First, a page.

I’m with you on no child left behind. I think it was well-intentioned but bombed in reality. I don’t know what the answer is, which probably explains why we keep trying different things. Now I’m at the point where I wish C could stay in 2nd grade forever because he’s in such a great class.

    Arghhhh!!!

    Reply
  • 5. robinaltman  |  January 6, 2009 at 4:11 pm

    That is such a hard question. I like Lois’ suggestion. I also think it’s helpful for C to learn how to manipulate written numbers, because a lot of math in the future will build on that. I’m not sure how important it is, as in could it be taught but at his own speed and not graded, and he could use the calculator for most graded stuff. I think it takes an educational expert to give those answers. If the school doesn’t provide one, is there an appropriate consultant in your area?

    I have been thinking about starting down the road of taking C to see someone who could help me sort through what the best way to teach him is. I’m just not sure there’s really anyone who knows the best way to teach these kids – they’re all so different and it feels like hit or miss! I just don’t want his brain to be so “re-trained” that he loses the way his brain just IS. I don’t even know if that’s possible, really….and now I’m just rambling….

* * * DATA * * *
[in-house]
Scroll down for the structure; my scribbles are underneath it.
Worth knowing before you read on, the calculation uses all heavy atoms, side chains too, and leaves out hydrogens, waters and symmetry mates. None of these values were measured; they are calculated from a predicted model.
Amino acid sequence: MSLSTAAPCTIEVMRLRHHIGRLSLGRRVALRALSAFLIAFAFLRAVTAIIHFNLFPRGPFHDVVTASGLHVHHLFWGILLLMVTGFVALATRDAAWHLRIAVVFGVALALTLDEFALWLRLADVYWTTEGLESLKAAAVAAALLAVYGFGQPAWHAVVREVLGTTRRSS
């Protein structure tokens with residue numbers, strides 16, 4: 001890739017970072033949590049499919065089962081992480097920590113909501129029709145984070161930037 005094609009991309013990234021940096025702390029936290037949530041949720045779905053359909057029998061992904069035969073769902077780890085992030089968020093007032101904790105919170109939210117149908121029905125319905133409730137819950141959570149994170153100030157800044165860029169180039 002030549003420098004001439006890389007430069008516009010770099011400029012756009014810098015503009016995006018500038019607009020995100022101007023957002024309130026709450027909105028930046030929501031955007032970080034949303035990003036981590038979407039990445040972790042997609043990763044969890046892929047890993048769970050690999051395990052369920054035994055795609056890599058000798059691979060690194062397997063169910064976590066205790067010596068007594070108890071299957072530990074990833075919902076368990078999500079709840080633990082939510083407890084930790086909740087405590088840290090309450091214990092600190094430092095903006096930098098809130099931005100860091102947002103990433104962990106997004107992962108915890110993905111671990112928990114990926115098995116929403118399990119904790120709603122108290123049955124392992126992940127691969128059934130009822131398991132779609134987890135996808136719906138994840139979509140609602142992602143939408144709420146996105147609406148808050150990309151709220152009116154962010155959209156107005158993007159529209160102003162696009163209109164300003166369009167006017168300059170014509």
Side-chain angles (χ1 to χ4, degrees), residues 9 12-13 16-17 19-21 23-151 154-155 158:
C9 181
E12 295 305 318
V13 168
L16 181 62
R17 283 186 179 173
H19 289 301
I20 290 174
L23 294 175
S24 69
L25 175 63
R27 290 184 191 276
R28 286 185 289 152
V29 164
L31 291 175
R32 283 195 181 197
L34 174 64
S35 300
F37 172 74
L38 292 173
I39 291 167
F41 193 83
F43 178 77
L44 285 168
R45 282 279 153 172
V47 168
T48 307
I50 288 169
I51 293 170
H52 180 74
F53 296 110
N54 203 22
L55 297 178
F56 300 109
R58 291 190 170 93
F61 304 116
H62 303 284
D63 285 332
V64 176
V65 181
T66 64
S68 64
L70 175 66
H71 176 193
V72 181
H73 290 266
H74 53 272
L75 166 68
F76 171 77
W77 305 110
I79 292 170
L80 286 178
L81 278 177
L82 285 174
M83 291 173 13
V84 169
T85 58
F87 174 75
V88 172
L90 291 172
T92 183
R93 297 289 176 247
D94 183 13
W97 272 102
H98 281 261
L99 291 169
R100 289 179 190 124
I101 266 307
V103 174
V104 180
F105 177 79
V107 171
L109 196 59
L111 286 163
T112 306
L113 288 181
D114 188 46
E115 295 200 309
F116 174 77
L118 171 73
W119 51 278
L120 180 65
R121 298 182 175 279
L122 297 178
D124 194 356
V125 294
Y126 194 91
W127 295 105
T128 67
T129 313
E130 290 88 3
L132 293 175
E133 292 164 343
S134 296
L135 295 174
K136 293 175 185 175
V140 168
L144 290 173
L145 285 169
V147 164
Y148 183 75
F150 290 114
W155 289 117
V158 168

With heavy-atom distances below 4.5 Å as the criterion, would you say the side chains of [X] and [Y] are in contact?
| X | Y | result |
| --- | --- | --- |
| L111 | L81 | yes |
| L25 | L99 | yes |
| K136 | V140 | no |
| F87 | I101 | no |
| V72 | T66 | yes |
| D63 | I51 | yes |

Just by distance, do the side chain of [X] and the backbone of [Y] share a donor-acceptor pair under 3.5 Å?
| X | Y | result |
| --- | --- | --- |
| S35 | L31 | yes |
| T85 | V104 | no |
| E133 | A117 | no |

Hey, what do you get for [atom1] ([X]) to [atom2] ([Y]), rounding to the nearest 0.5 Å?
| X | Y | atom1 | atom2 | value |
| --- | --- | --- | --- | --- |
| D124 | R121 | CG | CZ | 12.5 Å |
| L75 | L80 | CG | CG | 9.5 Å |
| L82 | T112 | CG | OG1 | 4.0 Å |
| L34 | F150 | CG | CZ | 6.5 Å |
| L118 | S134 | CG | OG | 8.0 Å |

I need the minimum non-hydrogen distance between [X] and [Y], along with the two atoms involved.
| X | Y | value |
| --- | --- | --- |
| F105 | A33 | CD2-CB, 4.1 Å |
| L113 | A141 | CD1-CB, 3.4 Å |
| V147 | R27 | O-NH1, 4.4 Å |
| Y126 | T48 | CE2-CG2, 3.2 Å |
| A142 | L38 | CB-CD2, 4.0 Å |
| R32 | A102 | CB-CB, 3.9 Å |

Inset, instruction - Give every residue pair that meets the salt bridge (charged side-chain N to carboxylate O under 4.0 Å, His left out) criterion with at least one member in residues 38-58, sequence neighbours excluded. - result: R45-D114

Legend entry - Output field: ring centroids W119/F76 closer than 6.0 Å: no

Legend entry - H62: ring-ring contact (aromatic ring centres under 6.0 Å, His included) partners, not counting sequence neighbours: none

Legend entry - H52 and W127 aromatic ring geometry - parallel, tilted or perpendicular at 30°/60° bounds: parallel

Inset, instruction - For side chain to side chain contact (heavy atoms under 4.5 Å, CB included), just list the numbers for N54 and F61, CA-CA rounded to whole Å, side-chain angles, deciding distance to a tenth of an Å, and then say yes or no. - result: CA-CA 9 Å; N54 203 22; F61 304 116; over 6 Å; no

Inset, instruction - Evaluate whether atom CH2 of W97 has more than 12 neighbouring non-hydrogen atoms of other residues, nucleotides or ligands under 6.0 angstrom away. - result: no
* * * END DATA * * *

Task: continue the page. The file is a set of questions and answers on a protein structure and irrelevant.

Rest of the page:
Reply
  • 6. BQkimmy  |  January 6, 2009 at 4:49 pm

    I hadn’t really thought of anything like this before. But you bring up a good point. Is the “right” way really the better way? Or in the end does it destroy what’s already there? Deep thoughts.

    Hope you manage to find a squarish hole somehow.

    Yup, deep thoughts, for sure. I just wish I had some answers instead of just thoughts! LOL! I feel so clueless sometimes. Heck, most times.

    Reply
  • 7. clairelouise82  |  January 12, 2009 at 12:16 pm

    I love your blog you have a wonderful family.
    Good luck to you all.x

    Thank you so much.

    Reply